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Spineless Wonders: Strange Tales from the Invertebrate World Hardcover – November, 1996

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Product Details

  • Hardcover: 222 pages
  • Publisher: Henry Holt & Co; 1st edition (November 1996)
  • Language: English
  • ISBN-10: 0805042180
  • ISBN-13: 978-0805042184
  • Product Dimensions: 1 x 6 x 8.8 inches
  • Shipping Weight: 9.6 ounces
  • Average Customer Review: 4.8 out of 5 stars  See all reviews (12 customer reviews)
  • Amazon Best Sellers Rank: #1,697,796 in Books (See Top 100 in Books)

Editorial Reviews Review

Leeches, fire ants, dragonflies and mosquitoes; slime eels, giant squids, earthworms and fleas--this gallery of creepy-crawlies is enough to give anyone nightmares. Yet in his new book, Spineless Wonders, author Richard Conniff succeeds in making his subjects interesting if not exactly attractive. Conniff, a journalist, knows all too well that most people do not share his admiration for the invertebrates of the world, and so he sets out to demonstrate just what marvels of engineering they really are. From discussions of just how these creatures are made and how they survive, he goes on to tell stories about the people who study them. From the scientist who ate the only known specimen of a new species to the leech-farmer in Wales, Conniff paints a vivid picture of invertebrates and the people who love them, making even that slime eel seem almost appealing.

From Publishers Weekly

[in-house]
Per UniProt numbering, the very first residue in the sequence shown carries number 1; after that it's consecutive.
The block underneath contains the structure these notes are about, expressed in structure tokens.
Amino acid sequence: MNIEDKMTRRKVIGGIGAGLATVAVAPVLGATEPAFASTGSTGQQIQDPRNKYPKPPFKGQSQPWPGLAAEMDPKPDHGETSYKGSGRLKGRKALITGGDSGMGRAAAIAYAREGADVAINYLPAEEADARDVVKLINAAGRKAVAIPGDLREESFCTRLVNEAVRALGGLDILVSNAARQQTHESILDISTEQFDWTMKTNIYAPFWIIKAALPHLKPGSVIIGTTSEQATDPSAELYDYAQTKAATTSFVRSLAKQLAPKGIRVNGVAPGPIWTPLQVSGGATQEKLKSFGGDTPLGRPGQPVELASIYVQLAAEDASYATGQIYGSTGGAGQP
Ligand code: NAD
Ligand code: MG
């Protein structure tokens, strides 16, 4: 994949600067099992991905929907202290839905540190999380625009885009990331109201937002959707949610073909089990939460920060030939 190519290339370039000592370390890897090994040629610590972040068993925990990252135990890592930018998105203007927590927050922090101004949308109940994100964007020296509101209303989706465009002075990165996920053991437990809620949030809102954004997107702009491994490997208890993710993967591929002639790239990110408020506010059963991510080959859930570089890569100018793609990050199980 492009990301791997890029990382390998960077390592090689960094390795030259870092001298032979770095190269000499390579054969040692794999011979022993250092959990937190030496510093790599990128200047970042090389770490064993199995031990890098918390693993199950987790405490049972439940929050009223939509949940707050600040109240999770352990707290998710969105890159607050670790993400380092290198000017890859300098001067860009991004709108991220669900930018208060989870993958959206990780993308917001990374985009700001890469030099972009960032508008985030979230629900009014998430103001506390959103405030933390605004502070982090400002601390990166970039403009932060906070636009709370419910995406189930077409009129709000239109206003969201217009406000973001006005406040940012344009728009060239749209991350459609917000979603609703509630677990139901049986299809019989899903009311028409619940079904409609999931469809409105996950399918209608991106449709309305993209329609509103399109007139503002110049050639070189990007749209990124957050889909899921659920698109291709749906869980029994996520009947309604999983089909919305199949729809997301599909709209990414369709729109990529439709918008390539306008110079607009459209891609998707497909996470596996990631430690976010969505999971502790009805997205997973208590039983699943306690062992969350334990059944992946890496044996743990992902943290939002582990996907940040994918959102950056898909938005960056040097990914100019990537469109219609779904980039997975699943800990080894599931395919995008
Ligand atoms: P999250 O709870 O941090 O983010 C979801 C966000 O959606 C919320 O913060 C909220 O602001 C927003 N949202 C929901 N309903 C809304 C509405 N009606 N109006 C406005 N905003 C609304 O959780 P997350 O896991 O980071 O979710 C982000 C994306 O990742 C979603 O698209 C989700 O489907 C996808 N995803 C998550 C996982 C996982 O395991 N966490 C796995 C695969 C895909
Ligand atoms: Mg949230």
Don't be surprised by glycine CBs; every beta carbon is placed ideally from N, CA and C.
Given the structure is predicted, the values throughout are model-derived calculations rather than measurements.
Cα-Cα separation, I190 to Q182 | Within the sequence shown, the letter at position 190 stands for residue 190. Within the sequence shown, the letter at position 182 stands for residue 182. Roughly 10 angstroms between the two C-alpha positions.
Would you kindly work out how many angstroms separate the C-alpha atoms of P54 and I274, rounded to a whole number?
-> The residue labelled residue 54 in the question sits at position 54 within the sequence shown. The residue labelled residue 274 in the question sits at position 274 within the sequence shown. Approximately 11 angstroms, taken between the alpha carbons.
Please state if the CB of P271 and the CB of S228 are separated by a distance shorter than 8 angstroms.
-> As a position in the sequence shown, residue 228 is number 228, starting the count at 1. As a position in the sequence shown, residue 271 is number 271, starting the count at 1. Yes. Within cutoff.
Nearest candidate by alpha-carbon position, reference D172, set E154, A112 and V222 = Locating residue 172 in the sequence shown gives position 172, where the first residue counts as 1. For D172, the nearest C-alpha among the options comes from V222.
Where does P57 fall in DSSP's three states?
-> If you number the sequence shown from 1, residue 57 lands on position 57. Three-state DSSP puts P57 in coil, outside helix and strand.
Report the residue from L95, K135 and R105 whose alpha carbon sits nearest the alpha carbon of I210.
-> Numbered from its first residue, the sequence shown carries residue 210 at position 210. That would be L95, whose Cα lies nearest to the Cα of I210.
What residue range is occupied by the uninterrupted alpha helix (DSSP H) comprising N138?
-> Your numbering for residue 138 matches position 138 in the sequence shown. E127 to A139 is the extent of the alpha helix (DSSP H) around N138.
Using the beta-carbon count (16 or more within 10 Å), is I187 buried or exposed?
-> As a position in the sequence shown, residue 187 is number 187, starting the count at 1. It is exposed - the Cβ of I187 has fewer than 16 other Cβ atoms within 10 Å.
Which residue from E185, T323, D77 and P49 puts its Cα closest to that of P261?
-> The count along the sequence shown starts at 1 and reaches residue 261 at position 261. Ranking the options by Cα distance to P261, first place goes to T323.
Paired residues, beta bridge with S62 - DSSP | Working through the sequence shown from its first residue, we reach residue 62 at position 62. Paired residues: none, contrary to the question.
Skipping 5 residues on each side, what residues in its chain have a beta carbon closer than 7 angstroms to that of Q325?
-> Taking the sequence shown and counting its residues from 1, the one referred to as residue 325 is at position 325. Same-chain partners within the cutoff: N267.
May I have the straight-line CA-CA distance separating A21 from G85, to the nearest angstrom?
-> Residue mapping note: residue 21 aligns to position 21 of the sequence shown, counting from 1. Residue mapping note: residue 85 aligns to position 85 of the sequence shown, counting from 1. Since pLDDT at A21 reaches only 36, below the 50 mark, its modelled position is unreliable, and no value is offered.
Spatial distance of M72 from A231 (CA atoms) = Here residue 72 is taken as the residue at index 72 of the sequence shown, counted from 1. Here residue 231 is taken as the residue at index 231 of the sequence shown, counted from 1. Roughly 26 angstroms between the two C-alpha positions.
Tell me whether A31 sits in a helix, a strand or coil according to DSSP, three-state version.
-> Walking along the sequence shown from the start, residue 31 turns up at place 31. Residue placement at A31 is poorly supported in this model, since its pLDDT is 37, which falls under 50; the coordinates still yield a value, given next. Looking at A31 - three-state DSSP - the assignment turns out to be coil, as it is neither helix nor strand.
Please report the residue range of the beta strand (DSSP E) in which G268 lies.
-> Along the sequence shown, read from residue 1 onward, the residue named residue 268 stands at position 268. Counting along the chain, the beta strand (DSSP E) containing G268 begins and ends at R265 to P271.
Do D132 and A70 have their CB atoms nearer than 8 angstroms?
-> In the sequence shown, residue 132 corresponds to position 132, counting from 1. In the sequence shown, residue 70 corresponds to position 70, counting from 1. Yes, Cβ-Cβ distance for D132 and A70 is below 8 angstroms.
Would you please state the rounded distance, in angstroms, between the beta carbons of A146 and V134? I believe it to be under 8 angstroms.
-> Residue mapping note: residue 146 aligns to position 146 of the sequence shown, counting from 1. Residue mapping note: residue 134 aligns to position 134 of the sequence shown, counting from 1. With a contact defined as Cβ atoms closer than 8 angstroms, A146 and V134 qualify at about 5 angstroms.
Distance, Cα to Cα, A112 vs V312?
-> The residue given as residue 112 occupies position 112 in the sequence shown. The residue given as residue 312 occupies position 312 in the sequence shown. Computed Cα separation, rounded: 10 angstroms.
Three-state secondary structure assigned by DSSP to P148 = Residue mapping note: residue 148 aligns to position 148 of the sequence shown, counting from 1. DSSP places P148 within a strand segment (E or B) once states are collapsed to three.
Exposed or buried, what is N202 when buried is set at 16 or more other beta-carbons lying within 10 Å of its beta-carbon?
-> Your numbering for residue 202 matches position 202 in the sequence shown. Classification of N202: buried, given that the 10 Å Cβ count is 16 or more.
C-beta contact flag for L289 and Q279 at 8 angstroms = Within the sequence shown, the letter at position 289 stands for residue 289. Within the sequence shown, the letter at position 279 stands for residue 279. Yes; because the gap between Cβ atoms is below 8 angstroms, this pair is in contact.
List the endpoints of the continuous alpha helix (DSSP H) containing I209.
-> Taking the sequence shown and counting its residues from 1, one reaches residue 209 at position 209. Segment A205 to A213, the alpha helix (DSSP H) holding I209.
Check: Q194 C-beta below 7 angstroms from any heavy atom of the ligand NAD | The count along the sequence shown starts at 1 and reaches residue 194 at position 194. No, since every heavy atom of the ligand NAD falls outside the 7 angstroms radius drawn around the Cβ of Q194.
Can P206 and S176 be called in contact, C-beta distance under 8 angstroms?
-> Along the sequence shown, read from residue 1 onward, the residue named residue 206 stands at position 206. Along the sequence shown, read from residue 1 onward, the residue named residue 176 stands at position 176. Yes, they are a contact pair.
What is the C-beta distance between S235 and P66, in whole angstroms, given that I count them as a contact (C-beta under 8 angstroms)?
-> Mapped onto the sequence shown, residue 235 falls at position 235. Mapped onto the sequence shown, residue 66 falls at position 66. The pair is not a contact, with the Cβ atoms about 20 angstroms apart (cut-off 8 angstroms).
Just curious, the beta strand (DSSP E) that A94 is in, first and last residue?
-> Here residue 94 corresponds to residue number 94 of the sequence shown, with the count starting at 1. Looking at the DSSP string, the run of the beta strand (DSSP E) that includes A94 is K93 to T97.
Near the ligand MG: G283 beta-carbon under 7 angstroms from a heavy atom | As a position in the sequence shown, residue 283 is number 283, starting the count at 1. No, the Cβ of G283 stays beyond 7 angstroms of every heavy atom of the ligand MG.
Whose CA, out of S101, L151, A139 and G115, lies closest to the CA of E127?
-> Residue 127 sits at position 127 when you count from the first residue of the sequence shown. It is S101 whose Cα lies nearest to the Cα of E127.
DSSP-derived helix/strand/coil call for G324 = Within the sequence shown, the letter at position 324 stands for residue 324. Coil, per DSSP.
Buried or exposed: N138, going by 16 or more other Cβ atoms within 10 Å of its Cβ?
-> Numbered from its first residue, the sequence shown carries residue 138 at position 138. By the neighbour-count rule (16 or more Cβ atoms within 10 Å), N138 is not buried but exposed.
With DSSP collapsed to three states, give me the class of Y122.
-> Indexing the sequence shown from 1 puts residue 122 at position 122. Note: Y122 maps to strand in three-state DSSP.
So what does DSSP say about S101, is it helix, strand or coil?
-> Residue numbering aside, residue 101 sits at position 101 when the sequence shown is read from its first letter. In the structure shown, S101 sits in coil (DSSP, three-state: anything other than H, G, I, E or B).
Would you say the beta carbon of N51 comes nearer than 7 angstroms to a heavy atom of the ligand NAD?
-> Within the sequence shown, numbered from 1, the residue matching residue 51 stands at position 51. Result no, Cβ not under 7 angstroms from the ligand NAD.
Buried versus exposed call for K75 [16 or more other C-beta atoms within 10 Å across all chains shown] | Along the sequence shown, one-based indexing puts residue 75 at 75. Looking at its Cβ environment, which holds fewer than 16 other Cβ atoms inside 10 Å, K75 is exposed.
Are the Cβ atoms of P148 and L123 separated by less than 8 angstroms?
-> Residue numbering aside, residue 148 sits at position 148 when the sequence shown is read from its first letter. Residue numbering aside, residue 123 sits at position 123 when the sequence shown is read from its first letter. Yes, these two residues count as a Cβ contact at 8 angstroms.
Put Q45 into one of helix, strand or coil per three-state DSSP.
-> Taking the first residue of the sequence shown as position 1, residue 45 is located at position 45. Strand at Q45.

Invertebrates are literally spineless and much maligned. But we vetebrates are figuratively spineless, at least when it comes to the creepy, slimy, hairy horror evoked by that which "represents more than 99.5 percent of all animal species." Coniff (writer and producer of nature programs for National Geographic and the Discovery Channel) humbles us in his wonderfully weird, icky book, for he makes clear that without the fly to pollinate and the worm to till the earth, we would vanish. There is much to learn here: that leeches are being farmed and used medicinally (again); that in Texas, fire ants "frequently get to highway accident victims before the ambulance"; that the squid's mantle, when served up as calamari, is virtually fat free (Coniff even includes a recipe); that dragonflies have been clocked at 35 mph and that 440 fleas can be found on a single cat; that some moths smell so bad spiders set them free if caught in their webs. People are terrified of snakes and spiders, but the mosquito, Conniff tells us, is "the most dangerous animal on earth," spreading malaria, yellow fever, dengue and encephalitis, diseases that often change the course of human history. With humor, Conniff follows various eccentric characters (madly in love with their subjects, be they squid or slime eels) down tarantula's burrows and into dusty collection drawers. He points out that we have researched many invertebrates relentlessly in our effort to kill them off, only to learn in minutest detail what mirculous systems make life live. Readers may feel something crawling up their leg as they read this enlightening and entertaining book. Illustrations by Sally Bensusen. Rights, except electronic: The Spieler Agency.